Expect the Worst; Remember the Best

Take a good look at this picture. Wide-body aircraft cabin, spacious seating, smiling flight attendants and so on. Remember this picture the next time you climb aboard. I doubt that it’s the picture that will stay with you after the flight. It may not be appropriate for a man to discuss childbirth, but I can’t get its analogy to long distance air travel out of my head. The conventional wisdom is that a woman’s pain during childbirth recedes and is replaced by the pleasure she receives from the child. I can’t speak to that experience personally, but I can tell you that something inexplicable and similar happens to me with respect to very long passages in an airplane.

In today’s unregulated airline industry it’s all about the bottom line and bottom lines are all about filling airplanes. I respect the profit motive but I’m old enough to remember when airlines and trains were regarded as public utilities. Regulation insured that our transportation system provided service to all markets and that the carriers received a reasonable return on investment. There were public policy reasons to subsidize remote markets and the distribution of routes assured that airlines were treated fairly and equally. At least that was the rationale.

In 1977-78 Alfred Kahn, Chairman of the Civil Aeronautics Board and a Cornell economics professor, led the effort to deregulate the airline industry. From that point on passengers were collateral damage as airlines competed against one another in a free market setting to fill the seats. It took awhile to figure out what worked best for the bottom line but the end result was decreased capacity and higher load factors.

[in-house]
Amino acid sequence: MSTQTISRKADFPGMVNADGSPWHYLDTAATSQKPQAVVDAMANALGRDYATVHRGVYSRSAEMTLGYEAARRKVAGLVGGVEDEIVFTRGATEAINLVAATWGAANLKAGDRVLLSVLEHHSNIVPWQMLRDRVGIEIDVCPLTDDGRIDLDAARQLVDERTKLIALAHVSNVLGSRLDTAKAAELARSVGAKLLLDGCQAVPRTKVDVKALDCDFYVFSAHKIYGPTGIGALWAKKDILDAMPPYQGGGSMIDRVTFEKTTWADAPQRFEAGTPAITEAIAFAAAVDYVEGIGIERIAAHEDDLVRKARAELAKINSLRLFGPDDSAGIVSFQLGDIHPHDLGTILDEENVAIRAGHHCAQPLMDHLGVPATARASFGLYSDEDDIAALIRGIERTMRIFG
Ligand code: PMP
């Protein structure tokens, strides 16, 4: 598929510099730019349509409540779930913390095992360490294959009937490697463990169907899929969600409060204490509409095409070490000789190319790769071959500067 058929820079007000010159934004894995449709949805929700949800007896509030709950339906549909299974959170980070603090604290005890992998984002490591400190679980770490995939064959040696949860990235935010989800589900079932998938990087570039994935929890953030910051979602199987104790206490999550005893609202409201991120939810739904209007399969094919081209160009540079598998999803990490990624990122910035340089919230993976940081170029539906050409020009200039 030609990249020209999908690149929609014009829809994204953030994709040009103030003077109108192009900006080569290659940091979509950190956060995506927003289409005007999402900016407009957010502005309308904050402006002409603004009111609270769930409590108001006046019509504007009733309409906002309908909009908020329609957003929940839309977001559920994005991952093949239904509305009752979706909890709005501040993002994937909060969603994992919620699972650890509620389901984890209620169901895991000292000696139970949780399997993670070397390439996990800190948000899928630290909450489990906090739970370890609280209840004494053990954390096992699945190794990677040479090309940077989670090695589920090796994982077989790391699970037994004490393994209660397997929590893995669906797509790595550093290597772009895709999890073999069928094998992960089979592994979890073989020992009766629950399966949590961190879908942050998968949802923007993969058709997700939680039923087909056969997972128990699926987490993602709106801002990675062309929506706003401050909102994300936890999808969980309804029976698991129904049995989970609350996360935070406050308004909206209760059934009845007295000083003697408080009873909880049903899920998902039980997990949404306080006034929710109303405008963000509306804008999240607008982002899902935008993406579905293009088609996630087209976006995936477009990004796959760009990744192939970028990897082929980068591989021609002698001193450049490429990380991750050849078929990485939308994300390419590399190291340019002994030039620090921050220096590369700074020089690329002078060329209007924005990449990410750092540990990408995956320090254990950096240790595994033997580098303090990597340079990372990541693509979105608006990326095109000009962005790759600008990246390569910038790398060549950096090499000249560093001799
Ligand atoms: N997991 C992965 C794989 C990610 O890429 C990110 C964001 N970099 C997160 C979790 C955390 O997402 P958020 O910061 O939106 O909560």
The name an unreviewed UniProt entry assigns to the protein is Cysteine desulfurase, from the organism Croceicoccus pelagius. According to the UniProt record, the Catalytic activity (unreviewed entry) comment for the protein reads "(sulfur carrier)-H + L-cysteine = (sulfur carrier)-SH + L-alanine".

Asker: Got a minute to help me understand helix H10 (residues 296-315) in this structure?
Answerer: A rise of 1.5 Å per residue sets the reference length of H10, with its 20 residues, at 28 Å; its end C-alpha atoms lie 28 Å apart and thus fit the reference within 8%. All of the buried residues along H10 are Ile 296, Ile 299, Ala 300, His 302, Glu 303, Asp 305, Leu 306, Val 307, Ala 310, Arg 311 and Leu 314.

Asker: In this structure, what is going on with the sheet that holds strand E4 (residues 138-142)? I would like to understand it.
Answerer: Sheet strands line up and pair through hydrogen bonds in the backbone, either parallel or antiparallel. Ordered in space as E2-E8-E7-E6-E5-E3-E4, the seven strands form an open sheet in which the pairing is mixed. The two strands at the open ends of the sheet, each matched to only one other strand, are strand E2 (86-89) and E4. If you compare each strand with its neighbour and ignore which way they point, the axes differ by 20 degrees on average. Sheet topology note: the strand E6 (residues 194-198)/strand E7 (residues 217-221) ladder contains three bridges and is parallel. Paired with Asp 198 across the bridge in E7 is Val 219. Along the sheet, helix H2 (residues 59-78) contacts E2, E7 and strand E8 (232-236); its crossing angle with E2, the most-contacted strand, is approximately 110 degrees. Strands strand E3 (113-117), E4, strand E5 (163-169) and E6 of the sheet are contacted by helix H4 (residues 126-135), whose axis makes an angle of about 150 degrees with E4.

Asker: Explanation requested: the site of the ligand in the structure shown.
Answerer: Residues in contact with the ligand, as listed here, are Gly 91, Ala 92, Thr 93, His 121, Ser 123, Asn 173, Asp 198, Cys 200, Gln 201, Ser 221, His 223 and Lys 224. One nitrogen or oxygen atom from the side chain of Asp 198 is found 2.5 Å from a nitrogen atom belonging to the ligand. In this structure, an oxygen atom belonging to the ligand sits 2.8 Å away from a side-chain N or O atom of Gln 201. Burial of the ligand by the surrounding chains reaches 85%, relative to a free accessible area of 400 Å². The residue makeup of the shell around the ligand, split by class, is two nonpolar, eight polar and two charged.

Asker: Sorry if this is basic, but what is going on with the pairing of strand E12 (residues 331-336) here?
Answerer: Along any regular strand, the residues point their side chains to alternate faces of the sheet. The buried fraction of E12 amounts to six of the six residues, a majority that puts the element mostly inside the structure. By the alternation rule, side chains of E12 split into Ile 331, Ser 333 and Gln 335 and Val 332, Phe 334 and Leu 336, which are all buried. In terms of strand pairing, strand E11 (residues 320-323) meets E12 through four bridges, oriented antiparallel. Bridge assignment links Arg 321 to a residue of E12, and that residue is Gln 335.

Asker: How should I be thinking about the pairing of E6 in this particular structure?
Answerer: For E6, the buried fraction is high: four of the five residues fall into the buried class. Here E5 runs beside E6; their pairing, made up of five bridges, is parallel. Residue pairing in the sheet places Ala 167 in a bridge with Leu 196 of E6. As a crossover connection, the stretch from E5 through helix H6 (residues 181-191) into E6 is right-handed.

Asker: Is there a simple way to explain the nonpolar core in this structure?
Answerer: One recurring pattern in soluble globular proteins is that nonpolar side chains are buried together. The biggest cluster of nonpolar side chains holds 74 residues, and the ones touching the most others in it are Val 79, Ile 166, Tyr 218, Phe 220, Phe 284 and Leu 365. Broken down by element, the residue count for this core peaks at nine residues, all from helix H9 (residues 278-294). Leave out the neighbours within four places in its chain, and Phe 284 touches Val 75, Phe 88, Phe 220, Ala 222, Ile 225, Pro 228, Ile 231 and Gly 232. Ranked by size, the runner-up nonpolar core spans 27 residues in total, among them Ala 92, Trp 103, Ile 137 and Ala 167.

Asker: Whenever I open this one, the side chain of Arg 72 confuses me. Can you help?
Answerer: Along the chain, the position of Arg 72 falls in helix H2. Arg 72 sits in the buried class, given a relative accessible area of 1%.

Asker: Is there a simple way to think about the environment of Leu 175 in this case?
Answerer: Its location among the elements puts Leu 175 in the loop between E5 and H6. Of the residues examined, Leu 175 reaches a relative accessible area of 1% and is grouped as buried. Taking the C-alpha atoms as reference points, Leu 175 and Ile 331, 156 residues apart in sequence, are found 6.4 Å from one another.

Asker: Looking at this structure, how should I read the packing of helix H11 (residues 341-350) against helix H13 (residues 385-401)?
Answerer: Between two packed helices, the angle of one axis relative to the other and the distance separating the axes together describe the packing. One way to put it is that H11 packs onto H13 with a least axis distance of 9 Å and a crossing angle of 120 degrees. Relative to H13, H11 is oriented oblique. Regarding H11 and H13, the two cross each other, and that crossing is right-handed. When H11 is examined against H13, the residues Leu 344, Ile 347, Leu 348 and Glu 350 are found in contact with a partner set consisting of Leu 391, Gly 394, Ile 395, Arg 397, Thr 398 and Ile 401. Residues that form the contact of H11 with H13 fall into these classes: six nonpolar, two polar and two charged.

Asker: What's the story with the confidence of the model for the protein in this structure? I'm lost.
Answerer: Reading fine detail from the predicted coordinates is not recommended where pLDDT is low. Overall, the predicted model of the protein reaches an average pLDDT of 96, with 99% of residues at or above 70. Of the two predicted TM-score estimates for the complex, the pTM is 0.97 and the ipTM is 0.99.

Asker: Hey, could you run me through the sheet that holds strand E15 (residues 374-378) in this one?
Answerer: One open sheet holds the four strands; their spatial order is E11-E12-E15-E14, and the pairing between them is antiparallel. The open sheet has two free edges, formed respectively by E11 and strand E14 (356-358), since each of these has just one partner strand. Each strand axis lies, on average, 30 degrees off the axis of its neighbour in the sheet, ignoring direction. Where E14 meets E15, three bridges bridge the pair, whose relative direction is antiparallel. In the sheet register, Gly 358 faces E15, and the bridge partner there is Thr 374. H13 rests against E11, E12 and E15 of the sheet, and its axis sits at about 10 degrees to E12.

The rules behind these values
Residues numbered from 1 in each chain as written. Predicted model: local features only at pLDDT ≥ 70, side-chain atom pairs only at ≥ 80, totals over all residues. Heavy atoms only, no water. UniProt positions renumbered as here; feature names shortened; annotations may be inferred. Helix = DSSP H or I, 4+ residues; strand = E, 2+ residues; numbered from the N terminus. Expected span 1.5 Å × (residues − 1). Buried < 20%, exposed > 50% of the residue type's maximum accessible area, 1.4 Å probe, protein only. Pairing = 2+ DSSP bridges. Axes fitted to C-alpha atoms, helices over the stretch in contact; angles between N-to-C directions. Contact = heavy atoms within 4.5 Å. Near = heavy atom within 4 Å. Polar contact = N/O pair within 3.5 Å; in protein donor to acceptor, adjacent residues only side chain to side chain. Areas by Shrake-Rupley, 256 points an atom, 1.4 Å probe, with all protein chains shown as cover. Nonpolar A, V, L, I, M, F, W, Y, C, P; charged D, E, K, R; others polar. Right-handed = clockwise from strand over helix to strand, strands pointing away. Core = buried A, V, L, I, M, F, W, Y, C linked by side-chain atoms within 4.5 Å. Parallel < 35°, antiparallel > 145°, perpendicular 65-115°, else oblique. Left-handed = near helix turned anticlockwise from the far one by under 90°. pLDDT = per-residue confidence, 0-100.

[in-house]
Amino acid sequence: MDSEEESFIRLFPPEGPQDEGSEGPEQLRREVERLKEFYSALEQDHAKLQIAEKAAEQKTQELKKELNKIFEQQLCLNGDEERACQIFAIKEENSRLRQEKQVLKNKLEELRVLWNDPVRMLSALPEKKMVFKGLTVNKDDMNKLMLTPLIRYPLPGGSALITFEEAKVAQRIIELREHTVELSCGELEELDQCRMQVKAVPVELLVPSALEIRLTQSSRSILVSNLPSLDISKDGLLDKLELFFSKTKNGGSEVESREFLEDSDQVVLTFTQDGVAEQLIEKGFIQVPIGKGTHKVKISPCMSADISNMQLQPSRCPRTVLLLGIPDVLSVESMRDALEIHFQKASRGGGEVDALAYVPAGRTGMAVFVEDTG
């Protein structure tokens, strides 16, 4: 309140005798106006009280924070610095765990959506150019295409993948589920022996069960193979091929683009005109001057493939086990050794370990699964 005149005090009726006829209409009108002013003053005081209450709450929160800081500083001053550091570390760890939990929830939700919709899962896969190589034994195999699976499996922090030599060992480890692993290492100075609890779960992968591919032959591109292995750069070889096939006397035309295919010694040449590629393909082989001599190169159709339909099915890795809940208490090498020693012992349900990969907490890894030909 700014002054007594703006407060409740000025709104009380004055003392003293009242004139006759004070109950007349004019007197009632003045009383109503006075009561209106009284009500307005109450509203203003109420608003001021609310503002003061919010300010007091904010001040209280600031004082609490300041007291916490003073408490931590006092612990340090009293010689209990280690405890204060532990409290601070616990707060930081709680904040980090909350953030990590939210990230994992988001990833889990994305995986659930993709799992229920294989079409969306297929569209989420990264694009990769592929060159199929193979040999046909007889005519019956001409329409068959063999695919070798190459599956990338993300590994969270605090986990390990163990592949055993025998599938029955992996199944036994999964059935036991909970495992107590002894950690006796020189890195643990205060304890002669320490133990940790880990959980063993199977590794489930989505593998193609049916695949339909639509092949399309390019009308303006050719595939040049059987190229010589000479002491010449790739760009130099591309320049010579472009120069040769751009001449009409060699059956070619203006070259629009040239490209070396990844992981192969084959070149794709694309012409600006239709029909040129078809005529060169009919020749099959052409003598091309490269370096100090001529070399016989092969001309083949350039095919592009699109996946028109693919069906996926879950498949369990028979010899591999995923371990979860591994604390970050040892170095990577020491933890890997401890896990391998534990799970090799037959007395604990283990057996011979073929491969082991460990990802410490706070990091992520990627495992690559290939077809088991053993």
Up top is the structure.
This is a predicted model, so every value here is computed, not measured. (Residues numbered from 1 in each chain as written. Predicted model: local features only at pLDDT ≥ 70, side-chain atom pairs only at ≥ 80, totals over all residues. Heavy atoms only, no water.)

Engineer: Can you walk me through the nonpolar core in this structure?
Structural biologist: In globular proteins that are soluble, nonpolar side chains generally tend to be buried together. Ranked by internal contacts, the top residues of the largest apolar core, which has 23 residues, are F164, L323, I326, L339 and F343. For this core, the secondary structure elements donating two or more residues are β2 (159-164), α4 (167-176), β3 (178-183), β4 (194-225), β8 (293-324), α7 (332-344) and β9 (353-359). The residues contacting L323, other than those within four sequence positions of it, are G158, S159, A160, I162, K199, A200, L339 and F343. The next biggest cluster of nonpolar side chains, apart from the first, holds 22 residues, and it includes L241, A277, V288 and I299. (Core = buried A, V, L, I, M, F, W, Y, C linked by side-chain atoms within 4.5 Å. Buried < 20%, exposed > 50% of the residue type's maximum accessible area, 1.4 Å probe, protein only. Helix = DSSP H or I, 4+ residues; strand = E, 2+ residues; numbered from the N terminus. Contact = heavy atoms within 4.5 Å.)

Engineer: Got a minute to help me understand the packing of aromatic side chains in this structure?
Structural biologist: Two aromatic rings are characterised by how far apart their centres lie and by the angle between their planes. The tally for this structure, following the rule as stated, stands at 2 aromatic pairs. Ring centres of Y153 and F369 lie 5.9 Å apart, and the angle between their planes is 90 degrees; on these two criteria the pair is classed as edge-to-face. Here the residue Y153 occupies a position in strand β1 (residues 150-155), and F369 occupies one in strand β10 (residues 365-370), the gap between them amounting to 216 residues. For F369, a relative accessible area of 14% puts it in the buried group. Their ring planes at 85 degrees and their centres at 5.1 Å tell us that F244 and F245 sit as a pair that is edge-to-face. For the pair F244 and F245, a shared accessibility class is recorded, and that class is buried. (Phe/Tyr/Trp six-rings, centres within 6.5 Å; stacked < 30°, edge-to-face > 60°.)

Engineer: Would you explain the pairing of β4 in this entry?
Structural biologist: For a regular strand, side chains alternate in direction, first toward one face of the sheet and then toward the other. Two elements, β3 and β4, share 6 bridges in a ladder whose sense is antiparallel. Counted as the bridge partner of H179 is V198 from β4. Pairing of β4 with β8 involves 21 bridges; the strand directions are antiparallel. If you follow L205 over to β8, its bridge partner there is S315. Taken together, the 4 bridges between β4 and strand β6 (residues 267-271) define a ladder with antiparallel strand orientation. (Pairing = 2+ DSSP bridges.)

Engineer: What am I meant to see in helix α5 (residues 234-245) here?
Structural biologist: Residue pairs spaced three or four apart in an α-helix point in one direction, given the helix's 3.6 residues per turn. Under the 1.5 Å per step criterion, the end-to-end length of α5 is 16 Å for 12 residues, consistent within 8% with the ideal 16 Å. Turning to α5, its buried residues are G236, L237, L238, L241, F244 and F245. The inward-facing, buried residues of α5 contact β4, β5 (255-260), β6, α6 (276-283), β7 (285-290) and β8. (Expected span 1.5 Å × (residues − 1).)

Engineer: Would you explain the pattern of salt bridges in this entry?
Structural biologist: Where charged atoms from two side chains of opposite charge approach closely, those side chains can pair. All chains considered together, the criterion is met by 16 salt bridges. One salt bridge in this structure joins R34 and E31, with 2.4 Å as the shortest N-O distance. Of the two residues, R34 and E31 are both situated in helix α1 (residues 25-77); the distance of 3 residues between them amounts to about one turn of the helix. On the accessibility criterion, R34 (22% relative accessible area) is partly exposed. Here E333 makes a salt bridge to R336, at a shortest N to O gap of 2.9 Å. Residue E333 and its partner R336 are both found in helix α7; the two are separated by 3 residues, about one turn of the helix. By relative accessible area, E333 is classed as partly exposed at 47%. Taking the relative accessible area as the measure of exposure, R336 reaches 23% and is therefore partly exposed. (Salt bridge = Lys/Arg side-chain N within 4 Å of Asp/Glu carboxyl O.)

Today it is rare to fly anywhere in an airplane that is not packed full. Gone are the days when you might be able to stretch out across two or three seats. The current situation makes transoceanic travel nightmarish. Last week my wife and I flew from Seattle to Seoul, Korea, and on to Ho Chi Minh City, Vietnam. Seattle to Seoul was 11 hours and 40 minutes in the air. Seoul to HCMC was another 4 hours and 45 minutes.

I work for an NGO (non-governmental organization). We do not have the money or inclination to provide Business Class travel for our staff. Our money goes to projects and programs that benefit needy populations. I’m almost six feet tall, physically fit and not overweight. Still, I’m miserable when I have to twist like a pretzel into a transoceanic aircraft seat and then squeeze even more to wedge myself into a seat in the Asian configuration. You see, in Asia people are smaller so more people can be crammed into the already overcrowded aircraft cabin. I cannot sit upright in the Asian configuration even when the seat in front of me is in the upright position – never mind when it is reclined. I have to sit side-saddle for 5 hours.

The worst part however, the childbirth part, is the 11 hours and 40 minutes over the ocean. There is no way to avoid the pain, discomfort, and misery of having your ass strapped into any kind of seat for almost 12 hours. Add to that the dehydrating effect of recirculated moisture-less air and the craziness factor rises exponentially. All the travel experts recommend that you get out of your seat every hour and walk the aisle, stretch your arms and legs, and drink plenty of water. Easily said. I try, but I haven’t found it that easy to unstrap from my middle seat, wake and excuse myself to my sleeping neighbor who has to get up to let me out, and then walk the aisle avoiding food and beverage carts, duty free sales, and free ranging toddlers 11 times on the way to Seoul. I do try, but if I get up 4 or 5 times it’s a victory. The rest of the time I suffer, but like childbirth the pain and suffering recedes over time and I continue to travel across 15 time zones two or three times a year. I love it when I get there; I just hate getting there.

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